Day 671: Lila

Cover for LilaBest Book of the Week!
In Lila, wonderful writer Marilynne Robinson returns to the small Iowa town of Gilead, the setting of her previous novels Gilead and Home. In these novels Lila Ames is not much of a presence. She is referred to as the surprising choice of a wife for the elderly, gentle, and educated pastor John Ames—much younger, rough, and uneducated.

Lila has lived almost her entire life on the tramp, ever since Doll stole her away, a neglected, starving, feverish little mite who lived mostly under the table or was locked out of the house. Doll and Lila joined up with a group of travelers lead by Doane, wandering from job to job, and life was just fine until the long, dark days of the Depression and the Dust Bowl. Years later, Lila has stopped outside Gilead and is living in a shack, walking to nearby farms and houses and asking for work.

Lila knows nothing about religion, but on occasion she has been curious about it and was warned away by Doane, who claims all preachers are charlatans. So, one day she ventures into the church. There she sees and is drawn to John Ames, and he to her. Eventually, they marry.

The action of this novel is mostly interior. Lila is tormented by some of the memories of her previous life and feels unworthy of Ames. She is afraid that he may ask her to leave at any minute. All the same, she occasionally wants to return to the freedom of her old life.

Ames, on the other hand, is happy to have Lila’s company, for he has lived alone ever since the death of his wife in childbirth, years ago. He is afraid she will decide to leave him one day.

As with Gilead and Home, this is a quiet novel, characterized by religious discussions as Lila tries to read and understand the Bible. She has no prior relationship to religion, but she has vowed that John Ames’s son will be brought up praying, as his father does. The discussions in Gilead between the two pastors were way over my head, but these are more fundamental.

I am not particularly interested in religion, but what I like about Robinson’s books is that they are about good people trying to be good. That is a refreshing theme these days. And the writing is superb, the subject matter approached with delicacy. I can’t recommend any book by Marilynne Robinson strongly enough.

Related Posts

Gilead

Home

Housekeeping

 

 

 

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8 thoughts on “Day 671: Lila

  1. Naomi March 12, 2015 / 3:20 pm

    Years ago, I read Gilead. The writing was good, but I felt bored by it, so I haven’t read anything by her since. This one sounds interesting – I like the premise. Is it as slow as Gilead, or is there more to it?
    This is a good review. I like the idea that they are both worried about losing the other, but I assume they are not communicating it to each other.

    • whatmeread March 12, 2015 / 3:28 pm

      You know, I can see your point about Gilead especially. I think it’s the hardest to read. I got bogged down a little bit in the obscure religious discussions between the two pastors. I had no idea what they were talking about. Lila has nothing like that going on. I’m guessing that if you had trouble with reading Robinson in the past, of the Gilead novels this is the one you are most likely to like, or Home, which is about what happened with the other pastor’s son, another waif, although it is more his own fault. If you want to try Robinson again and you want something completely different, try reading Housekeeping, a much darker novel. What I like about these three Gilead novels is the innocence of the two old men and the good intentions of all the characters. But Housekeeping is related to Lila in that it also shows an interest in what makes people just take to the roads, which is the life Lila has been living (and also the son in Home, to some extent). And it doesn’t have any of the religious discussions. These preoccupations of Robinson’s with homeless people and religion make me really wonder about her background.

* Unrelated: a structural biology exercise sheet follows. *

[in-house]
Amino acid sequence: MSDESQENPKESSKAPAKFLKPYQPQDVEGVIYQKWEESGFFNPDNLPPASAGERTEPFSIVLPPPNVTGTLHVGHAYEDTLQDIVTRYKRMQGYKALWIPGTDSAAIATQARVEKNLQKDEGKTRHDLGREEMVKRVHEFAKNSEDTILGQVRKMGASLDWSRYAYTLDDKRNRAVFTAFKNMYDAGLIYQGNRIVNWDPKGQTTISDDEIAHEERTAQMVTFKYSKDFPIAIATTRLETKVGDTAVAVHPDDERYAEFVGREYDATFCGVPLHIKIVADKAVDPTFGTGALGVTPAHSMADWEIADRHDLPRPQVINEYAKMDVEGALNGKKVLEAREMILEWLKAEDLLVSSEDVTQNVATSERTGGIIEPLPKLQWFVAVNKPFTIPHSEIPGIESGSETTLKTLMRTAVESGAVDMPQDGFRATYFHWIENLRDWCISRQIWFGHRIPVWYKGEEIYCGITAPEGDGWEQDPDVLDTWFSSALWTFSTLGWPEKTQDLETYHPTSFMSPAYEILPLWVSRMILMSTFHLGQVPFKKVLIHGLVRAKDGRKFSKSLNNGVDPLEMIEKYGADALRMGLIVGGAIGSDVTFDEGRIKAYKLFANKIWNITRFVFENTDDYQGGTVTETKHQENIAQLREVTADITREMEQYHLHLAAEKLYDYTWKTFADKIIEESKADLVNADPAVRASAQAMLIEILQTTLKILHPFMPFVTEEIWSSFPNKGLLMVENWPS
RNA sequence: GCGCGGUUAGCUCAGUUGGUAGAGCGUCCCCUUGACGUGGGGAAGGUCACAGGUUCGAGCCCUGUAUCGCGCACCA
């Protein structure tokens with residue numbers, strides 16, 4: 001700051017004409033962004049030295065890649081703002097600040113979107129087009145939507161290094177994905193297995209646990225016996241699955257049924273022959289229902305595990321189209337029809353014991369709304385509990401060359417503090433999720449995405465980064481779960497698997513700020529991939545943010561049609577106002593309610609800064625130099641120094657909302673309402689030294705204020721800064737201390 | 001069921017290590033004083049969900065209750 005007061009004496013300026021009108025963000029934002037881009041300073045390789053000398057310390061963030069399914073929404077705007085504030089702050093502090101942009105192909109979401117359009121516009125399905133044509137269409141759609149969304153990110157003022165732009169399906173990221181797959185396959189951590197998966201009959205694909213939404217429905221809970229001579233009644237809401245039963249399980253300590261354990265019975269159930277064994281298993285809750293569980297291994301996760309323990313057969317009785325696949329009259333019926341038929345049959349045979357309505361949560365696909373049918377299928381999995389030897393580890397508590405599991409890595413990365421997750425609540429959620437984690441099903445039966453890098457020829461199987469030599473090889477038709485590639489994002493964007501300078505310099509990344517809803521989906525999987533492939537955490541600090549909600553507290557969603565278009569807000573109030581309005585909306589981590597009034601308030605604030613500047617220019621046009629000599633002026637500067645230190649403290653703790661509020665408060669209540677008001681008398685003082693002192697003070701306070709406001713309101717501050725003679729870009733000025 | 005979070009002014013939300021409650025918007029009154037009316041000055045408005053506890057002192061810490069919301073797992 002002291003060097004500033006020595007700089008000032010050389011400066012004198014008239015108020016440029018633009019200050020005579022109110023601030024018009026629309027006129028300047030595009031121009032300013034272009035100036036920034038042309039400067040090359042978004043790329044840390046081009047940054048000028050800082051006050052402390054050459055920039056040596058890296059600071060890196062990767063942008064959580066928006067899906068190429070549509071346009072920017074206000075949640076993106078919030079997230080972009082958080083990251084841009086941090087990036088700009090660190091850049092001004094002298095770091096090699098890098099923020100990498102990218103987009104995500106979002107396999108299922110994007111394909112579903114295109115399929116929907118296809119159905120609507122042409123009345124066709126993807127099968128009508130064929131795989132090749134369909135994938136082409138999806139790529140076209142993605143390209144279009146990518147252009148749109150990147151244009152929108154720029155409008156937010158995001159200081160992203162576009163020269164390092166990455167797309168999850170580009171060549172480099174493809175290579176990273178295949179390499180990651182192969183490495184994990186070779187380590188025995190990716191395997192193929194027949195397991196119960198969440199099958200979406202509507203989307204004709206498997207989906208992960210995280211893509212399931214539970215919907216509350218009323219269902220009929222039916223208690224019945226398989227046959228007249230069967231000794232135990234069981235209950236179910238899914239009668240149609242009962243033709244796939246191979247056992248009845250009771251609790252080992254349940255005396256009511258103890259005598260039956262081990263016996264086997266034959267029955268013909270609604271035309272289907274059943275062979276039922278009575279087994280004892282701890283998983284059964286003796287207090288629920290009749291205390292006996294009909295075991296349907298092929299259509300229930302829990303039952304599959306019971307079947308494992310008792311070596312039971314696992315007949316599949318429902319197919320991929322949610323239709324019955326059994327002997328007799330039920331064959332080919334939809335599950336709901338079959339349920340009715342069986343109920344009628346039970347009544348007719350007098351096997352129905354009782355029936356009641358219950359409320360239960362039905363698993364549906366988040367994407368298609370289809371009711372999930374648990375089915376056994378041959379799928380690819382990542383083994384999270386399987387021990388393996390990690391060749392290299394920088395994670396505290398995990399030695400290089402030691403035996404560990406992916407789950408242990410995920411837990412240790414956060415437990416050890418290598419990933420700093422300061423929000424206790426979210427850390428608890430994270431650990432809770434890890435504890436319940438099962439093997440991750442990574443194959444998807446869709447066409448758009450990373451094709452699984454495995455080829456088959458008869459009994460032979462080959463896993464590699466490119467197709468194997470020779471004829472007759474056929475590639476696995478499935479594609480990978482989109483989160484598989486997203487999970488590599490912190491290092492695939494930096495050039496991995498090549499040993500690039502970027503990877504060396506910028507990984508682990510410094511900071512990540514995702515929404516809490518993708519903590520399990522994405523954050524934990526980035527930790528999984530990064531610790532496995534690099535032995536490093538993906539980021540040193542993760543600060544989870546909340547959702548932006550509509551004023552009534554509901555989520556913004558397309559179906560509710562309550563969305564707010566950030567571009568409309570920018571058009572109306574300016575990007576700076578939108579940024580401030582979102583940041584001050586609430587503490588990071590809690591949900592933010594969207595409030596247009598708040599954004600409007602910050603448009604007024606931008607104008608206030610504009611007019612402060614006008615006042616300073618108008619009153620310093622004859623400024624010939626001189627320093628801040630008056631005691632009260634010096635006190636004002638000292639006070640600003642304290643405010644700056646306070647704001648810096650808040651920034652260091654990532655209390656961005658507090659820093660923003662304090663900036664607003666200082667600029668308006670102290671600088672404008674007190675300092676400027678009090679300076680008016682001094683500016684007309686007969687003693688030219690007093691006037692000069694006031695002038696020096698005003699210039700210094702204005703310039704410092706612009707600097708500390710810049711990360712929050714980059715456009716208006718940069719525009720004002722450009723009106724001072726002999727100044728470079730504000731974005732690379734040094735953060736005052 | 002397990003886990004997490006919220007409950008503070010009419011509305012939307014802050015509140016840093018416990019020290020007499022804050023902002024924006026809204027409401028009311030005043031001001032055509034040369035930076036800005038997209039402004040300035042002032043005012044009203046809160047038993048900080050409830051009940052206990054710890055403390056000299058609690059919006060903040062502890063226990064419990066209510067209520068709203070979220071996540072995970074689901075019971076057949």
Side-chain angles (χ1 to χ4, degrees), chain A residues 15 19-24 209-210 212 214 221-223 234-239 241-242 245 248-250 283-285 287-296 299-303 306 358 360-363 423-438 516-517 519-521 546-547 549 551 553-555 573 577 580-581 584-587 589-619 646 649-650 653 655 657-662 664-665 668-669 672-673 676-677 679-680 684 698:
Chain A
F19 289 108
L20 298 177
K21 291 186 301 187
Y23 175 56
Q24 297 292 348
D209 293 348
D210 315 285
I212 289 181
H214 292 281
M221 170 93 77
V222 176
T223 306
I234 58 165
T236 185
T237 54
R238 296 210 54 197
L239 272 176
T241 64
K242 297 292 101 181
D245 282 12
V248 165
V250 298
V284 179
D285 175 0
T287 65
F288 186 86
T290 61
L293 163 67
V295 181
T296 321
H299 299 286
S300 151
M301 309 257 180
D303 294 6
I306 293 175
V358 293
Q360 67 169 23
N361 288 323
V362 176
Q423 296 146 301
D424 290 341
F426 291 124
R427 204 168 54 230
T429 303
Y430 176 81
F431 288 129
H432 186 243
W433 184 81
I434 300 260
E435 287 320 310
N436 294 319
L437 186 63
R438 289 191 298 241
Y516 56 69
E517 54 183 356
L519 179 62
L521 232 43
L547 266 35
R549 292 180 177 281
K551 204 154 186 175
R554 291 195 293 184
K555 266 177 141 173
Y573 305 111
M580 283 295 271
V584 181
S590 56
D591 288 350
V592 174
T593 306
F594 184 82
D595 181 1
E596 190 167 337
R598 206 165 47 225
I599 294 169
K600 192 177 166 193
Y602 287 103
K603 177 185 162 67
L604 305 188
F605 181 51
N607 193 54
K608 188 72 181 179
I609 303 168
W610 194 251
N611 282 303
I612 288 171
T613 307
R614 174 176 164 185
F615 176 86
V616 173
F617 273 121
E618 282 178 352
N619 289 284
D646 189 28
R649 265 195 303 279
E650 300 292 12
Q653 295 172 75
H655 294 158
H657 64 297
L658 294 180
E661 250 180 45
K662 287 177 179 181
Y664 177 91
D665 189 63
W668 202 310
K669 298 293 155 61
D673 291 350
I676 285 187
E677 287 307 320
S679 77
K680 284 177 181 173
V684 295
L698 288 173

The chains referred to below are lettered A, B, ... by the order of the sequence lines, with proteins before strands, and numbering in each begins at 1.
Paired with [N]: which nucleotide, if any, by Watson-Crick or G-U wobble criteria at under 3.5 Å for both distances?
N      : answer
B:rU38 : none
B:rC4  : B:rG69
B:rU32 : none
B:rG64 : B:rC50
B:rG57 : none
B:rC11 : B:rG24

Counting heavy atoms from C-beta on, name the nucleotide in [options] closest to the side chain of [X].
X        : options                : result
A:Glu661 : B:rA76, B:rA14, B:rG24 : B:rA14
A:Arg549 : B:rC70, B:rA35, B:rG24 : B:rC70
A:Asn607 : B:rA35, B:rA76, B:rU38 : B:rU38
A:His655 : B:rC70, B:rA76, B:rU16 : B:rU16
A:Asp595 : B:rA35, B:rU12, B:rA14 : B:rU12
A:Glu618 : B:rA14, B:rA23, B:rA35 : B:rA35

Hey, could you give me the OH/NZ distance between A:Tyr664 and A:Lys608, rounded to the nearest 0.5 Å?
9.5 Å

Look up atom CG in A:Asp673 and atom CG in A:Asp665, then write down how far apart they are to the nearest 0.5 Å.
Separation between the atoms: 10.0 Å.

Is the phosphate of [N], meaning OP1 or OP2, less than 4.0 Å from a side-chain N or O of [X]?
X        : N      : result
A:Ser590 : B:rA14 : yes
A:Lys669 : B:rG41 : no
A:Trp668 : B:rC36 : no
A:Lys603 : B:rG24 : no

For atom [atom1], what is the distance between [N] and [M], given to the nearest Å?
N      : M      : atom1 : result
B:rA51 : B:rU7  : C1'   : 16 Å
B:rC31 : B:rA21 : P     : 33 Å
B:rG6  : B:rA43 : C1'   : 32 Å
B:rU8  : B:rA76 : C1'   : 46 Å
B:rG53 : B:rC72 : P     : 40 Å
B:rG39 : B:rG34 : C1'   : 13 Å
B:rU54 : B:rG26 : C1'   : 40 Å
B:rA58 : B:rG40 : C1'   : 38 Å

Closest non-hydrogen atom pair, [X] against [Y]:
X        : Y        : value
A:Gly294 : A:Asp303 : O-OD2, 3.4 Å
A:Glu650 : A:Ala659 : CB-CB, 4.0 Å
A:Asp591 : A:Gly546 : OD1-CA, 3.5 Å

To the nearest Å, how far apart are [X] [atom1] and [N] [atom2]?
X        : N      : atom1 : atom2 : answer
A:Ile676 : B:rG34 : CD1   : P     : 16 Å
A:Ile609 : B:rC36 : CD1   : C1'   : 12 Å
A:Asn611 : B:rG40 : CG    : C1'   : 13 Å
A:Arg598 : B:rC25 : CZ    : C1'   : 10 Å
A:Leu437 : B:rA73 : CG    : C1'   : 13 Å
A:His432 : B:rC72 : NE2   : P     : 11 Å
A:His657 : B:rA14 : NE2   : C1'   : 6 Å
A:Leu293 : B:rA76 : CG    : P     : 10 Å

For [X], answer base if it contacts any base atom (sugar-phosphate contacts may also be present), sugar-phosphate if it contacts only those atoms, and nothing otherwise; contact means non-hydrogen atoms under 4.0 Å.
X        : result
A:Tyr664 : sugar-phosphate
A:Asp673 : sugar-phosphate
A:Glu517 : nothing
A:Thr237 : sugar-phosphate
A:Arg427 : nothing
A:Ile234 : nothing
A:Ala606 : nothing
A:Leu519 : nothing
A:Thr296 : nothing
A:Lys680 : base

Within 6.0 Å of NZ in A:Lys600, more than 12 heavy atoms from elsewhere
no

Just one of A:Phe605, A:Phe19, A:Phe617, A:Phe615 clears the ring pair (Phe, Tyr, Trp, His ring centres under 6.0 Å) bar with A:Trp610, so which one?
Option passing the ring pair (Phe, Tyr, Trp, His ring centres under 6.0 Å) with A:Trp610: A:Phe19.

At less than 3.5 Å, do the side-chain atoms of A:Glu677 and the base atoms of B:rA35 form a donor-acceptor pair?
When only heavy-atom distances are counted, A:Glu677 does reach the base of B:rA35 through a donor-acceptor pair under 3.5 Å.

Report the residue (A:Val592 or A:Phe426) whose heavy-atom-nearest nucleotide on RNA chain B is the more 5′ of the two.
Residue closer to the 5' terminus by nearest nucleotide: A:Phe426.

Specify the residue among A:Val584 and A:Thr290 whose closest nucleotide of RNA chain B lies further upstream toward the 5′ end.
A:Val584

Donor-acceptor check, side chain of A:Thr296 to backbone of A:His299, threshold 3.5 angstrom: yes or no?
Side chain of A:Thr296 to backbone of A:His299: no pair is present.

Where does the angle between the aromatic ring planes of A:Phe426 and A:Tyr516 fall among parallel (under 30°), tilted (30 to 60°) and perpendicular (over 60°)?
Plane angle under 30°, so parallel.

• Naomi March 12, 2015 / 7:14 pm

        Thanks for the advice! It does sound like I might like any one of her other books better than Gilead, It’s worth another try, anyway.

    • whatmeread March 12, 2015 / 3:30 pm

      Also, she is just an excellent, excellent writer. Try Housekeeping, I think, and then if you like that, try either Lila or Home. I found Home a little confusing because I read it before Gilead, and some of the background for Home is in Gilead. But you read Gilead, so maybe you’ll remember enough about the son who comes home in Home.

  2. bornandread March 13, 2015 / 8:54 am

    I am so excited about this book – I have it sitting beside my bed just waiting for the right time. I want to be in a good headspace so I can concentrate properly on the writing. Loved Gilead and Home…!

    • whatmeread March 13, 2015 / 8:55 am

      I think you will love it, then. It’s a bit more accessible than the other two.

  3. Carolyn O March 23, 2015 / 12:29 am

    I cannot wait to read this. Housekeeping was breathtaking.

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